A new study released by the American Psychological Association (APA) shows that job applicants are attracted to organisations when their websites include employee testimonials. Moreover, the study appears to suggest that employee testimonials are an important method of attracting top talent (Walker, et al. 2009). Also, other research supports the use of employee testimonials; it has been found for instance that employee experience in an organisation influence job seekers due to their interpersonal nature (Van Hoye & Lievens, 2007) and that current company employees, as they are closer to the work situation, are perceived as credible sources of information (Fisher, Ilgen, & Hoyer, 1979).

In addition, the study revealed that the applicant reactions are greatly influenced by the type of media used to display employee testimonials. Employee testimonials delivered using audio or video are more attractive and credible than those delivered through picture or text. The studies suggest that this kind of media (audio, video, and multimedia) may be worthwhile when using employee testimonials to attract applicants into the organisation. This way, it tends to be more interesting and engaging for possible job applicants because it has the ability to provide more information through tone, facial expression and other nonverbal cues (Walker, et al., 2009).

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So whether the organisation is swarmed with resumes of all sorts of job seekers or preparing to boost their recruitment efforts, it's clear that employee testimonials are a valuable part of any organisation's effort to improve their recruitment as they positively affect job applicant reactions and inexpensive to employ at the most basic level. Hence aside from publishing employee testimonials, it is also important to stimulate positive word-of-mouth about the organisation through different HR recruitment activities by image management, building relationships with key influential and opinion leaders, employee referral programs and conducting off site recruitments (Van Hoye & Lieven 2007).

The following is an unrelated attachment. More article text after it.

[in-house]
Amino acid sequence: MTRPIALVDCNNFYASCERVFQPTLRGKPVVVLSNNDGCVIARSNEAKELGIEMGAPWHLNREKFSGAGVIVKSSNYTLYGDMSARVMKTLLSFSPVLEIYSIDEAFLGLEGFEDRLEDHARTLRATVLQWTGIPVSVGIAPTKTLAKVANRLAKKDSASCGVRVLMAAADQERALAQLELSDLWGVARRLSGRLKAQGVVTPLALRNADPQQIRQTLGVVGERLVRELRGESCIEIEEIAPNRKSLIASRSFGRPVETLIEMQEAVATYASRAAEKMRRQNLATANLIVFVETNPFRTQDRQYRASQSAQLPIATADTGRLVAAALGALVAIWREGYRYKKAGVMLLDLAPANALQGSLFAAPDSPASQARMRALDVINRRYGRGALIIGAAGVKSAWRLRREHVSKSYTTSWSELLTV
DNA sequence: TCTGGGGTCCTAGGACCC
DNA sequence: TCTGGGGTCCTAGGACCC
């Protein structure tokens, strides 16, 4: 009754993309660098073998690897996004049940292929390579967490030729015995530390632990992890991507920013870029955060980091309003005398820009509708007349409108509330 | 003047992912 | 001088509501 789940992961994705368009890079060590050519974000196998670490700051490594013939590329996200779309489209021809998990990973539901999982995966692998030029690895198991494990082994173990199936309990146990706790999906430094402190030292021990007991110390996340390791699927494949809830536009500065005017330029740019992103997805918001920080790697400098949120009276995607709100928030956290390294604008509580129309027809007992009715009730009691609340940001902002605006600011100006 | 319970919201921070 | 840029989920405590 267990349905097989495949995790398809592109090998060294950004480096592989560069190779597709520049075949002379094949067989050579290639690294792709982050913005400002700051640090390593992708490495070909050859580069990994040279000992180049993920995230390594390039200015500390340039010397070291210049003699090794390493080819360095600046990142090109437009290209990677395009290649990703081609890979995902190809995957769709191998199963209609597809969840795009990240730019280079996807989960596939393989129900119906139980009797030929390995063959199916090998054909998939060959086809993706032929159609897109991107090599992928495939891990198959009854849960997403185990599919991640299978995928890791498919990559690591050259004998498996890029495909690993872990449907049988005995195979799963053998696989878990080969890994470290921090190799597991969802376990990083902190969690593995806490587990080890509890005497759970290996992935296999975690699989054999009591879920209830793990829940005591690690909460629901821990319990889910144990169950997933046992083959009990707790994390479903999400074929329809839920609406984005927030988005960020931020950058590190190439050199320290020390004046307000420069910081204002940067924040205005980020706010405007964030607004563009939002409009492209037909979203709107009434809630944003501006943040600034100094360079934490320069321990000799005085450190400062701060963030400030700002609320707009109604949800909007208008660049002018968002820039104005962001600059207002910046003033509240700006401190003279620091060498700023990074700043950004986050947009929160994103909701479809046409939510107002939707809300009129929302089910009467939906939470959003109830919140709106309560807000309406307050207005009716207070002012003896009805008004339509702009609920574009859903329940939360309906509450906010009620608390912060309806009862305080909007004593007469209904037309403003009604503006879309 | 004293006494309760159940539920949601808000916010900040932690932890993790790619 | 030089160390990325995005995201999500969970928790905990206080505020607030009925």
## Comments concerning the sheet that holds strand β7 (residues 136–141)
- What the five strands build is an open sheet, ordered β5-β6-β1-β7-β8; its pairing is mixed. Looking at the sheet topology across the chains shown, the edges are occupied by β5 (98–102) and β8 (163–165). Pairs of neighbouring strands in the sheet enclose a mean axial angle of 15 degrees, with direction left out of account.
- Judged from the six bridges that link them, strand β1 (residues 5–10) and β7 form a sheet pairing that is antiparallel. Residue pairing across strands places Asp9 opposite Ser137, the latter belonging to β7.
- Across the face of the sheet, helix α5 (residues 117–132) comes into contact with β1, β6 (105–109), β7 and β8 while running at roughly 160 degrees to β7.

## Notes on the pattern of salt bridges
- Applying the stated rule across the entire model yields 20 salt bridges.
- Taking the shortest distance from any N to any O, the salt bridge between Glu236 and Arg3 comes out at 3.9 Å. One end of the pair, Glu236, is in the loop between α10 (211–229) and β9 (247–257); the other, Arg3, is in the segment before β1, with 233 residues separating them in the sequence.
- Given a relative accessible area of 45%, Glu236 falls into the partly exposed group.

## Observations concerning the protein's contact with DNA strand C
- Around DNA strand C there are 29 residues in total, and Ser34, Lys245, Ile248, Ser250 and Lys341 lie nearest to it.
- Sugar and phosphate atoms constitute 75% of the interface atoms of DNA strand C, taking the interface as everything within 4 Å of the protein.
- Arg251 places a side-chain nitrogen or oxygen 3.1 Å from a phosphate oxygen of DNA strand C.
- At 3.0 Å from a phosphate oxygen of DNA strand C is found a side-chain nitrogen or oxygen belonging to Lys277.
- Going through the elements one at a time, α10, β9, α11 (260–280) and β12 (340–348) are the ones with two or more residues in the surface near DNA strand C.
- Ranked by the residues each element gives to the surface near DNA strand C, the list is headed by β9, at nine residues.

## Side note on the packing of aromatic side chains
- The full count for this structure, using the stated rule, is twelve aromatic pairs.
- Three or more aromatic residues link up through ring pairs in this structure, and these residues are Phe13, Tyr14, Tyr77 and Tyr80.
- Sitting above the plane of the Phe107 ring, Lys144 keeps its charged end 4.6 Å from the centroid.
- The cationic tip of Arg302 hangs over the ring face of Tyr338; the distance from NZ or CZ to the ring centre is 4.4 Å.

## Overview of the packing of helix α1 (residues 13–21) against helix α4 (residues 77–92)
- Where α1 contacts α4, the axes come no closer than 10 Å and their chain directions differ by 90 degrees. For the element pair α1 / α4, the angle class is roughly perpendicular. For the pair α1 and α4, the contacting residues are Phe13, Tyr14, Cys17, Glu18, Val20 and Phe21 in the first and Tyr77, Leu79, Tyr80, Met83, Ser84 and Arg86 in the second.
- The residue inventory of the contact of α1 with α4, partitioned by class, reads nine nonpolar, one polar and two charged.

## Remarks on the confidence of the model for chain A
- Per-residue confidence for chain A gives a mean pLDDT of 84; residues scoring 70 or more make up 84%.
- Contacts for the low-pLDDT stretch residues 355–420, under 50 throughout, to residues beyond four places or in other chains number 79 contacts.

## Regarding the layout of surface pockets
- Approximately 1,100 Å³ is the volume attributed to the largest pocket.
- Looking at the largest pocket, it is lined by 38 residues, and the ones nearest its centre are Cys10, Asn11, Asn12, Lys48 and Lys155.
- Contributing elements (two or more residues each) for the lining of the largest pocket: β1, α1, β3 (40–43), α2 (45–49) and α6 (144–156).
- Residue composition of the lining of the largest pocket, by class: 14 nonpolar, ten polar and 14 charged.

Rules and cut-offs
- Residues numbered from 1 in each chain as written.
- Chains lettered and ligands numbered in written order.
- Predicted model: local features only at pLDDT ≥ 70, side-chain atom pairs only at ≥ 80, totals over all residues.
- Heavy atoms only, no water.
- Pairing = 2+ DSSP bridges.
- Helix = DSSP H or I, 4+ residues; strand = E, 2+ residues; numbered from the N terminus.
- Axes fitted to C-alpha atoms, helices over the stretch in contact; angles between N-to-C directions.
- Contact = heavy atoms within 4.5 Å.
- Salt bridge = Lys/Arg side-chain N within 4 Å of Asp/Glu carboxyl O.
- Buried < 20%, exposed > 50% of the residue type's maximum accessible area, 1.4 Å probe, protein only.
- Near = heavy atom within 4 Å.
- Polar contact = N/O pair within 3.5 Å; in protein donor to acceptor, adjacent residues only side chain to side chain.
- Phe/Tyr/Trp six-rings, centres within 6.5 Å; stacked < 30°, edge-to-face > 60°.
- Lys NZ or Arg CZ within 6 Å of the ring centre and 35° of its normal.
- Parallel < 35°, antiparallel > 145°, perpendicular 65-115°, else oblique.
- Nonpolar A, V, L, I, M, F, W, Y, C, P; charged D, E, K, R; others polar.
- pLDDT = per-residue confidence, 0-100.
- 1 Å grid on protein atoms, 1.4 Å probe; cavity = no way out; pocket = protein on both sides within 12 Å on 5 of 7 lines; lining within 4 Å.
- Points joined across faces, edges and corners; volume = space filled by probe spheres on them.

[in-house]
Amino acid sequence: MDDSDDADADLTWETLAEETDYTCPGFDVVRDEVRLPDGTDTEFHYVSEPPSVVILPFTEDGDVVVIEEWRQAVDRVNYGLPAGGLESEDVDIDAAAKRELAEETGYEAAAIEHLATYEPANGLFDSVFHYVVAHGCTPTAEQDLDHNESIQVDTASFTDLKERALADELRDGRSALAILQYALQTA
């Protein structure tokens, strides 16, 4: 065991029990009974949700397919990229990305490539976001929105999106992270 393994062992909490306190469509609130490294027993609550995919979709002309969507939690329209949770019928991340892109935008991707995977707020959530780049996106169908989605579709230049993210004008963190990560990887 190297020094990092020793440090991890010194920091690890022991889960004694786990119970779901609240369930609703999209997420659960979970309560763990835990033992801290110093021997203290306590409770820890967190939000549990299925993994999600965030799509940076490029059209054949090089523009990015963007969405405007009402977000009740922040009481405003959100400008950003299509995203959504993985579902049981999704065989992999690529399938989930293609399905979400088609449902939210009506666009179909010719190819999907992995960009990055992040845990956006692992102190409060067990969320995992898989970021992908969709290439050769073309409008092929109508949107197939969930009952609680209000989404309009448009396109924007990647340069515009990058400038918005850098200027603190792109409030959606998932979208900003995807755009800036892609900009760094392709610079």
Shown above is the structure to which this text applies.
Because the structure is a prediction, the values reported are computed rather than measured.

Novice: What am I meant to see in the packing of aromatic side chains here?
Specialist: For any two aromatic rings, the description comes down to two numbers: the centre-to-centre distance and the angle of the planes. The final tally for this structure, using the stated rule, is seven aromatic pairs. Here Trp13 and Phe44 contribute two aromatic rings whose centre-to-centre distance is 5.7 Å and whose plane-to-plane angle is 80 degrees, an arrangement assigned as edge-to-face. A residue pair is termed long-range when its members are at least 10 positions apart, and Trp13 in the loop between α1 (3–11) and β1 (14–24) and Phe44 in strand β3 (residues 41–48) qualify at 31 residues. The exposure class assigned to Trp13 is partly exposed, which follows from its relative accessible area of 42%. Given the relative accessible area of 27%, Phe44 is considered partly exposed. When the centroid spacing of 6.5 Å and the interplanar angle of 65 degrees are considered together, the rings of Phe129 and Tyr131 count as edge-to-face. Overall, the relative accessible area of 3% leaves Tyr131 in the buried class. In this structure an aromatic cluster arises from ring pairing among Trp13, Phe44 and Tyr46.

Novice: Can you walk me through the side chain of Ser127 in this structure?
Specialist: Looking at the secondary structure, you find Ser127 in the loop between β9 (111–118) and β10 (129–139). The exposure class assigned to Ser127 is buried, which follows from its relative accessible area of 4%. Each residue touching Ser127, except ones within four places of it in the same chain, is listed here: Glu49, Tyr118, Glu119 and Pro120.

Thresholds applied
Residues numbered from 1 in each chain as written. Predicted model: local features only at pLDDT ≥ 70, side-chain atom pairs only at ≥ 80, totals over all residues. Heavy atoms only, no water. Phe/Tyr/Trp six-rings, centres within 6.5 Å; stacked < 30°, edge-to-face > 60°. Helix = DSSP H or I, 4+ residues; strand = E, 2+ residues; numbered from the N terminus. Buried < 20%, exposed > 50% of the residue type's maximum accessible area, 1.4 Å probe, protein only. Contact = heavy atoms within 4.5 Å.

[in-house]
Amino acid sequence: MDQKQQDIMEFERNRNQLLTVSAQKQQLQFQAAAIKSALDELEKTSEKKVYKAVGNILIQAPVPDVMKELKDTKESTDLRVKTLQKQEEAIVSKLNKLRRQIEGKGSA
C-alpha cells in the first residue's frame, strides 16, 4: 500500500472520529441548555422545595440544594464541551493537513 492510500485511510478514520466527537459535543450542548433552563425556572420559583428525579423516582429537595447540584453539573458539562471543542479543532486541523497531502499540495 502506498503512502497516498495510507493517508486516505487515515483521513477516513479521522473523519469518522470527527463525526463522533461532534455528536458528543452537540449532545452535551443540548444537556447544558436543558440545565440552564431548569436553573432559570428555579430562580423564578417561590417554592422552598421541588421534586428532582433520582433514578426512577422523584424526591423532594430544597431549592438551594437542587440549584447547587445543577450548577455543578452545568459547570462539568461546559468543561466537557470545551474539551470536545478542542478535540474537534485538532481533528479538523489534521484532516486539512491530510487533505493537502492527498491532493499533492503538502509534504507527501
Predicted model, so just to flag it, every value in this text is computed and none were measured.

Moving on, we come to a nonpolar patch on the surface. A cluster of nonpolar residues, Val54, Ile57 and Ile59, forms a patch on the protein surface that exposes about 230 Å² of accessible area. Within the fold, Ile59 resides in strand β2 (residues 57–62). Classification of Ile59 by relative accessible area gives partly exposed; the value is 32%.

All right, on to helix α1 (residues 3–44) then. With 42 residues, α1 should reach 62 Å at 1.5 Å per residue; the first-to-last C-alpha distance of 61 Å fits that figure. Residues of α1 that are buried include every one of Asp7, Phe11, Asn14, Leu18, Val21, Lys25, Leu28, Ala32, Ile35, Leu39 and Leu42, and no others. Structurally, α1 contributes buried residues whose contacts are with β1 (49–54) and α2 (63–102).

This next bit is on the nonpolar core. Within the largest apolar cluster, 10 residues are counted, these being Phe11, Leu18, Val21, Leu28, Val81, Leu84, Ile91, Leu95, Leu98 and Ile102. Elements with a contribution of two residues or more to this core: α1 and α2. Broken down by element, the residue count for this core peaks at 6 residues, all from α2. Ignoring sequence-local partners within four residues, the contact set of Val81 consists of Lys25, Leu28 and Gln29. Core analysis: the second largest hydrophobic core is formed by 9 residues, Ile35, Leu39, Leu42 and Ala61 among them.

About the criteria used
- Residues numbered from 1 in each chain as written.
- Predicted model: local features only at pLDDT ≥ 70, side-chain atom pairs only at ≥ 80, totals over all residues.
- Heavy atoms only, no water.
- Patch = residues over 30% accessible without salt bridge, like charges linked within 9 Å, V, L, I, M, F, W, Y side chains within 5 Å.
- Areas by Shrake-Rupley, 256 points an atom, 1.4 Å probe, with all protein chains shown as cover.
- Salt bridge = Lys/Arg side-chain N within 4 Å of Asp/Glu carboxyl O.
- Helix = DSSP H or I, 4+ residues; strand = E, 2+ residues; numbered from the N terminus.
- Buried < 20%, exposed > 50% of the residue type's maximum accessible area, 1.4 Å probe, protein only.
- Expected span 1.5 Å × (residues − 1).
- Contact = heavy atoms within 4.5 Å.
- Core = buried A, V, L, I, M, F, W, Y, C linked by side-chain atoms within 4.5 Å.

And when an organisation adopts these practices in attracting employees and able to succeed in communicating these employees' success stories outside the organisation, an organisation will surely be successful and have a competitive advantage in the talent wars. It is now in every organisation that they have to understand that the management and selection of a quality workforce has become an increasingly critical factor in its success (Greening & Turban 2000), thus having HR central in formulating and managing these policies is now a vital role in the organisation success.

Now that the employee is part of the organisation, the next challenge that organisation face is on how to motivate their employees in the long run. Studies show that motivation is the number one problem facing business today (Watson 1994 cited in Wiley 1997); thus every organisation should put focus on employee motivation to maintain their competitive advantage in the industry. And the HR role is certainly central in becoming a strategic partner of the senior managers in overcoming this challenge.